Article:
“If you aren’t using WordPress, you are wasting your time.”
Bold words, right? Our team builds websites exclusively in WordPress, so it isn’t much of a jump for us to make. But the idea that everyone should build in WordPress was a really bold claim. Some of our clients have hundreds or thousands of pages on their sites. Some have complex e-commerce or reservation systems. But think about it: WordPress is easy to learn, immensely flexible, and a great developer can do literally anything in WordPress. It just makes sense.
For those who don’t regularly build websites, WordPress is an open-source content management system based on PHP and MySQL. For the average customer, you get your domain and hosting, then install WordPress as an application on your hosting server. From there, you can pick a theme (or build your own) and plug in your content. Website pages are pages, blog posts are posts, and you have nearly limitless flexibility from that point in the form of plugins and CSS.
I’ve seen multi-million dollar companies use WordPress. I’ve seen mom-and-pop small businesses use WordPress. It is a great equalizer in website development. Our company has stood by the idea that great design does not necessarily need to be expensive.
I’m sure there are naysayers who disagree.
- “But I’ve heard WordPress isn’t secure.” Well, the argument against that is that nothing is secure unless you secure it. If you use strong passwords, security backups, and strong security plugins, there is no reason why your site wouldn’t be secure.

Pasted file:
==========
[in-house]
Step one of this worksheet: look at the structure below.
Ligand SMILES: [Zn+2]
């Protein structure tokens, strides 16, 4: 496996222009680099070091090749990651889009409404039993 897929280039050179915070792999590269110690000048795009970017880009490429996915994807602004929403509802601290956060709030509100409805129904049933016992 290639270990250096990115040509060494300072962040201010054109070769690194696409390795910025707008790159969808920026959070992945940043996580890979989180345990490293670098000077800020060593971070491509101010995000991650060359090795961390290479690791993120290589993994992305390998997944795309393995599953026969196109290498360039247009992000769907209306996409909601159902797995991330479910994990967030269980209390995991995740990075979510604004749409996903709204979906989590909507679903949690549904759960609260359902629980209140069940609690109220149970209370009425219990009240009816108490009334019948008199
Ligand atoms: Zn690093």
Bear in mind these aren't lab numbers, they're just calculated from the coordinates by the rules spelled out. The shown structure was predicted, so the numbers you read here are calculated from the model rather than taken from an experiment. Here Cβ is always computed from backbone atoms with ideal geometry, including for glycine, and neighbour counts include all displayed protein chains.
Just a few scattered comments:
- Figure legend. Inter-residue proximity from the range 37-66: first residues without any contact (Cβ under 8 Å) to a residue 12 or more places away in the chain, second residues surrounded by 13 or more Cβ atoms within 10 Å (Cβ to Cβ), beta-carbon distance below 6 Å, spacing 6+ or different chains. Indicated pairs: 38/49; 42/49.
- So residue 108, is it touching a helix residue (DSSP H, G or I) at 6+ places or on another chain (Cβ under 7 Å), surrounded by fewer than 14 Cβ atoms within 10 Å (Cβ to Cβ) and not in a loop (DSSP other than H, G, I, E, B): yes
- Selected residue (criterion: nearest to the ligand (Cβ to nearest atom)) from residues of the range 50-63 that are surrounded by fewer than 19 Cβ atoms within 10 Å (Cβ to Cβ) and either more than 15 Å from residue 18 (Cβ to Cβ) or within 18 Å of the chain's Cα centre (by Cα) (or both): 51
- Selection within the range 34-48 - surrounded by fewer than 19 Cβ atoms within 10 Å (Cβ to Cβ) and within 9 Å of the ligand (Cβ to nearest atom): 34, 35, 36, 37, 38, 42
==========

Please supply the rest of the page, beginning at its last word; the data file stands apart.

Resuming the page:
- Another argument: “all WordPress sites look the same.” True, all bad WordPress sites do look the same. They rely on the same (free) template and include minimal customization. A well-customized, properly optimized WordPress site can be incredibly impressive and outside-the-box. Fundamentally, a WordPress site is very flexible and can look however you would like it to look.
- “But my proprietary system works just like WordPress.” If you are using a proprietary system, the only reason you are doing it is to keep the client captive. You don’t want them to leave you, so you lock them into a site that’s held for ransom on a proprietary system that isn’t transferable.
After spending quite a bit of time thinking about it, I really have to say I strongly agree with Joost de Valk in his bold assertion, and I’m glad that my team and I stand by our work in building WordPress sites.